maybe vs may be : Common Errors in English

About maybe vs may be

“Maybe” is an adverb meaning “perhaps,” so if you are uncertain whether to use this word or the phrase “may be,” try substituting “perhaps”: “Maybe she forgot I said I’d meet her at six o’clock” becomes “Perhaps she forgot. . . .” When the substitution makes sense, go with one word: “maybe.” When you are wondering whether you may be waiting in the wrong cafe, you’re dealing with a verb and its auxiliary: “may be.” Two words.

maybe Meaning(s)

  • (r) by chance

maybe in News

  1. Sen. Jeff Flake apologizes for teenage son's tweets

    Maybe someone needs to go back to that deserted island for a while -- by himself this time.
    on June 13, 2013 Source: Washington Post

  2. Weather alert: Sunshine, heat and maybe a storm for Bradenton on Thursday

    The usual summertime daily mix of sunshine, heat and maybe a storm or two marks the weather forecast for Bradenton on Thursday.
    on June 13, 2013 Source: Bradenton Herald

  3. Book review: 'Maybe We'll Have You Back' by Fred Stoller

    Maybe We’ll Have You Back- The Life of a Perennial TV Guest Star by actor and writer Fred Stoller offers an unique and entertaining perspective of stardom. read more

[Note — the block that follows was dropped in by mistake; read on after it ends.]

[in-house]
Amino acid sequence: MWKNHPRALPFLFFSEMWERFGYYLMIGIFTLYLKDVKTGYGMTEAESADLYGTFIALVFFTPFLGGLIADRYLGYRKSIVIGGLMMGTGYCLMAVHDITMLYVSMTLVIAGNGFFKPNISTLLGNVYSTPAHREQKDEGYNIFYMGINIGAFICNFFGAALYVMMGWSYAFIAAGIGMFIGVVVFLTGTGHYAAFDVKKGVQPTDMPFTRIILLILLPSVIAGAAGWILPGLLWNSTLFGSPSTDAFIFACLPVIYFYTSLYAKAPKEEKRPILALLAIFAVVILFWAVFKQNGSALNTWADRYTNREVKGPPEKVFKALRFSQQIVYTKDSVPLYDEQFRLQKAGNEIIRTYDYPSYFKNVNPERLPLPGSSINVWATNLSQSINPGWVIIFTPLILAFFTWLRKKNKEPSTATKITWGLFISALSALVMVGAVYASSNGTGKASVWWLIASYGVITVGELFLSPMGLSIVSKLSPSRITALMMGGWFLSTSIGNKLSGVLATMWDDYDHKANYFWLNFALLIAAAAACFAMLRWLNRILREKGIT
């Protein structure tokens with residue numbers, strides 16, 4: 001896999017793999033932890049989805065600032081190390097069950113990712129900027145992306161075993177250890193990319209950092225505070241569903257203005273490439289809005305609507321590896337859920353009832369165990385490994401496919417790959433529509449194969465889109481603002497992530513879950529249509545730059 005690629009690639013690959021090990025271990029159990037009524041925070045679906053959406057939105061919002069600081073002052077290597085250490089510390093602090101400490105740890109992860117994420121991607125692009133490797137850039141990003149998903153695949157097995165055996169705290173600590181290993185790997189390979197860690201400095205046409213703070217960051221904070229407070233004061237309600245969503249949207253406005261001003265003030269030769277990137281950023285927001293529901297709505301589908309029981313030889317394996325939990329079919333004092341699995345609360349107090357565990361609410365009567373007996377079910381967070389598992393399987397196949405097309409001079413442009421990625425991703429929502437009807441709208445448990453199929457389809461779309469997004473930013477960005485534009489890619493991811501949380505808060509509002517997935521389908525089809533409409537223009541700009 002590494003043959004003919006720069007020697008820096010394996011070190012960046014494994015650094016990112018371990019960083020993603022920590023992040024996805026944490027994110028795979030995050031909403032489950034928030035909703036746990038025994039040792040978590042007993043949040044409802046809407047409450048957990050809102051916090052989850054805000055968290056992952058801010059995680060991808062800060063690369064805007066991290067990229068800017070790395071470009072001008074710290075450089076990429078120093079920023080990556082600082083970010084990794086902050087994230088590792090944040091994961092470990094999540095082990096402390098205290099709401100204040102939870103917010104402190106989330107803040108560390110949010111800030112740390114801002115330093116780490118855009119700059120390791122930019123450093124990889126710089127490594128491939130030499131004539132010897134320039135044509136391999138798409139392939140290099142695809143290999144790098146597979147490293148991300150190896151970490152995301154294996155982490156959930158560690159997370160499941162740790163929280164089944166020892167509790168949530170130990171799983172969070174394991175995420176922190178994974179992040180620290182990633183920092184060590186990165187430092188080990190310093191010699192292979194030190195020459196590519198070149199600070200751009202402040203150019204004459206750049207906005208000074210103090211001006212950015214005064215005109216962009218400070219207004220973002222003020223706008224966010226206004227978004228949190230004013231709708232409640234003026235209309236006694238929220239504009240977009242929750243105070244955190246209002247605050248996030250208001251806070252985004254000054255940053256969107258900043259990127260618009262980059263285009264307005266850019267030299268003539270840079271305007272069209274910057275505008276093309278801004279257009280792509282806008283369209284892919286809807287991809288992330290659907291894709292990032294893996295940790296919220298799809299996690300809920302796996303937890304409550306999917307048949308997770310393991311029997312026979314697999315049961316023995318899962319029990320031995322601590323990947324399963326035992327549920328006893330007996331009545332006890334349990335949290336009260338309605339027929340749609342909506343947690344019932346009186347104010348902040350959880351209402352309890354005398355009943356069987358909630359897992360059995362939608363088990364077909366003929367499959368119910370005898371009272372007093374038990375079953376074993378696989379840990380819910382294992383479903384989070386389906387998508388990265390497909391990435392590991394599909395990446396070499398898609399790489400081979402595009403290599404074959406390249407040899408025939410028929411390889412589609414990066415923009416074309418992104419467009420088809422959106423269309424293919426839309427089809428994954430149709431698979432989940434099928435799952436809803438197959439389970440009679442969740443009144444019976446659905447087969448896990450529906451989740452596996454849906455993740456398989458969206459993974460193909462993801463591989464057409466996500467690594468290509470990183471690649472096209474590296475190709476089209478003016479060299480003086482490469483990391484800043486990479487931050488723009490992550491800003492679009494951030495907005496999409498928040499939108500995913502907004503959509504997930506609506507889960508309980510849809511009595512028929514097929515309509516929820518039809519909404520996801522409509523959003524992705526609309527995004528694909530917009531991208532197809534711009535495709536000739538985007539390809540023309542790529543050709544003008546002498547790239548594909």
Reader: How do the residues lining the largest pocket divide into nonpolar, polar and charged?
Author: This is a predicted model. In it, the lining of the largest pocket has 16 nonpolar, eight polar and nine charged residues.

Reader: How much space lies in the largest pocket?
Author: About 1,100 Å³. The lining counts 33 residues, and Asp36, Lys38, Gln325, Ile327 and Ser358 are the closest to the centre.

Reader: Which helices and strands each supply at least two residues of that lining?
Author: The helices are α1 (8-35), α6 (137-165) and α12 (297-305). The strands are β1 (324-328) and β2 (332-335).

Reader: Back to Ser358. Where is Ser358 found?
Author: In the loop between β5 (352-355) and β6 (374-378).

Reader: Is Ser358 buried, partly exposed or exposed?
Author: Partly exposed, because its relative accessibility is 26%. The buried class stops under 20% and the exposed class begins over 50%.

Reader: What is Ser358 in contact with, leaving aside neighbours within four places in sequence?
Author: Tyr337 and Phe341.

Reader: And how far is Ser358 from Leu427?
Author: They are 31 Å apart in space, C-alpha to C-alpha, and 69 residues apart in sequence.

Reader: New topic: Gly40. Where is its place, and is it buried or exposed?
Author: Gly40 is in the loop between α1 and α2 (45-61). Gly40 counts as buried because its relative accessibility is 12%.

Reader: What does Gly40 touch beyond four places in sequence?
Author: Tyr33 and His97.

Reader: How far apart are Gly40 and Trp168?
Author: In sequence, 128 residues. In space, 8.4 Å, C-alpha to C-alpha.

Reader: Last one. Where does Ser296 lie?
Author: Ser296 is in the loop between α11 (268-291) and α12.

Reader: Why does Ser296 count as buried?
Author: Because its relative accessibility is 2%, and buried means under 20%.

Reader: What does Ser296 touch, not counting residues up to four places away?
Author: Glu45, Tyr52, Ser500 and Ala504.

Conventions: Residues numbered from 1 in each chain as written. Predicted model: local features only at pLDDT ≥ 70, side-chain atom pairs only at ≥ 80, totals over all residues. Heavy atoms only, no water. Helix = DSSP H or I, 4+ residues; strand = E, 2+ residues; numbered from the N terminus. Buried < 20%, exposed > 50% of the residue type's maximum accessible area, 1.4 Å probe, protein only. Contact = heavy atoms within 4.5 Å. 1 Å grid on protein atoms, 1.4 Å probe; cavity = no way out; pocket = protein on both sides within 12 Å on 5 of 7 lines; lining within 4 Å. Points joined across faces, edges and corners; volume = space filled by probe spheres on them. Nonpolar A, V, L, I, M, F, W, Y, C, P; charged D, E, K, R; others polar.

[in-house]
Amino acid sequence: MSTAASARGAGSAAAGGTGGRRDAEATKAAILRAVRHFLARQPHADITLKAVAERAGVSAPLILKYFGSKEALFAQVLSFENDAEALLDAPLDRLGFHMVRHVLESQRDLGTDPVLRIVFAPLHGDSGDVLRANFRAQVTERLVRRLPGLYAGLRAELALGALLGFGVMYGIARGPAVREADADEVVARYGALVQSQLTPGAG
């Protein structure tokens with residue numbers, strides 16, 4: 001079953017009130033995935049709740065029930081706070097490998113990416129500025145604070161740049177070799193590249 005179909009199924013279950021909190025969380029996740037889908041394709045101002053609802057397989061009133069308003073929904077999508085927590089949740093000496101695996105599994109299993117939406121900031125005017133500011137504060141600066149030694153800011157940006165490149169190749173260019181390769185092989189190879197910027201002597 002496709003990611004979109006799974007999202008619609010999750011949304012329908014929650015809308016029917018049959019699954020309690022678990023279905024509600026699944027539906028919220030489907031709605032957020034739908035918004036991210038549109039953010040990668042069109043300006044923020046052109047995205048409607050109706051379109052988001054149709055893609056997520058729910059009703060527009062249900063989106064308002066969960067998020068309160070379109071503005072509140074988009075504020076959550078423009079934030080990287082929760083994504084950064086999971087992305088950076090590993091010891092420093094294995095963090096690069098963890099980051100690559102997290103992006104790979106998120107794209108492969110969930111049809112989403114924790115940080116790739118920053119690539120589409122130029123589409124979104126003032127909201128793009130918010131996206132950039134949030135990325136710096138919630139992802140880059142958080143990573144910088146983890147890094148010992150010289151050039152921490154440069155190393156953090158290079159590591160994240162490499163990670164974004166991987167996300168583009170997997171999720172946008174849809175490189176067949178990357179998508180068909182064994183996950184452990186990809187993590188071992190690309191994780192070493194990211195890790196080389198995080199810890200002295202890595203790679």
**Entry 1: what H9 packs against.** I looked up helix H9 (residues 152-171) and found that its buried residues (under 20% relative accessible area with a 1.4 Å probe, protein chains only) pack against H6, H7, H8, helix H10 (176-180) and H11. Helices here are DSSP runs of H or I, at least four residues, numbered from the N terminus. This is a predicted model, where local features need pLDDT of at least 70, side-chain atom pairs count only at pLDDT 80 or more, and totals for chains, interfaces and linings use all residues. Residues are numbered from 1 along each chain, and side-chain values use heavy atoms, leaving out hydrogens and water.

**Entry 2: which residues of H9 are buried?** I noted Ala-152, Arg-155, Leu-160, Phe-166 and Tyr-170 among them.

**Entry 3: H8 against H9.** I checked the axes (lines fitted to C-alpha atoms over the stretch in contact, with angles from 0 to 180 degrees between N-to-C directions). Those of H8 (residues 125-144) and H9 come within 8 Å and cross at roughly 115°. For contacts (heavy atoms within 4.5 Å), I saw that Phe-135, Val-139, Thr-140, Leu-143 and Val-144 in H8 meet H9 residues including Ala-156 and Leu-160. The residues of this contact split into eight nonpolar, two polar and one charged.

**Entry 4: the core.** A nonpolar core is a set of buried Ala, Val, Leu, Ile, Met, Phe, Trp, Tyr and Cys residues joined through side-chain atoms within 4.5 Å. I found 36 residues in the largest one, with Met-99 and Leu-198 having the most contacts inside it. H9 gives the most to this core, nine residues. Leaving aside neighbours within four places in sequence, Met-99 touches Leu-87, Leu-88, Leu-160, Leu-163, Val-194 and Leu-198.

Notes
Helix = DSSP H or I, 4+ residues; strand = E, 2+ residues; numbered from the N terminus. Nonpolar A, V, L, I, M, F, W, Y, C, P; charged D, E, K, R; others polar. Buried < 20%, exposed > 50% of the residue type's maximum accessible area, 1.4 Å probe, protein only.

on June 12, 2013 Source: TheCelebrityCafe.com

may be in News

  1. Launch of US-EU trade talks may be hitting snag

    One of the big goals of President Barack Obama's upcoming trip to Europe may be in jeopardy, with French objections threatening to hold up the launch of negotiations on a sweeping U.S.-European Union free ...
    on June 13, 2013 Source: Associated Press via Yahoo! News

  2. Russian official: law on NGOs may be 'corrected'

    MOSCOW (AP) — A senior Russian official has suggested a controversial law on non-governmental organizations may be "corrected."
    on June 13, 2013 Source: Associated Press via Yahoo! News

  3. Altitude May Influence Language Sounds

    The lower air pressure at high altitudes may be a factor in why ejective consonants are more popular in languages spoken higher up. Sophie Bushwick reports.
    on June 13, 2013 Source: Scientific American via Yahoo! News

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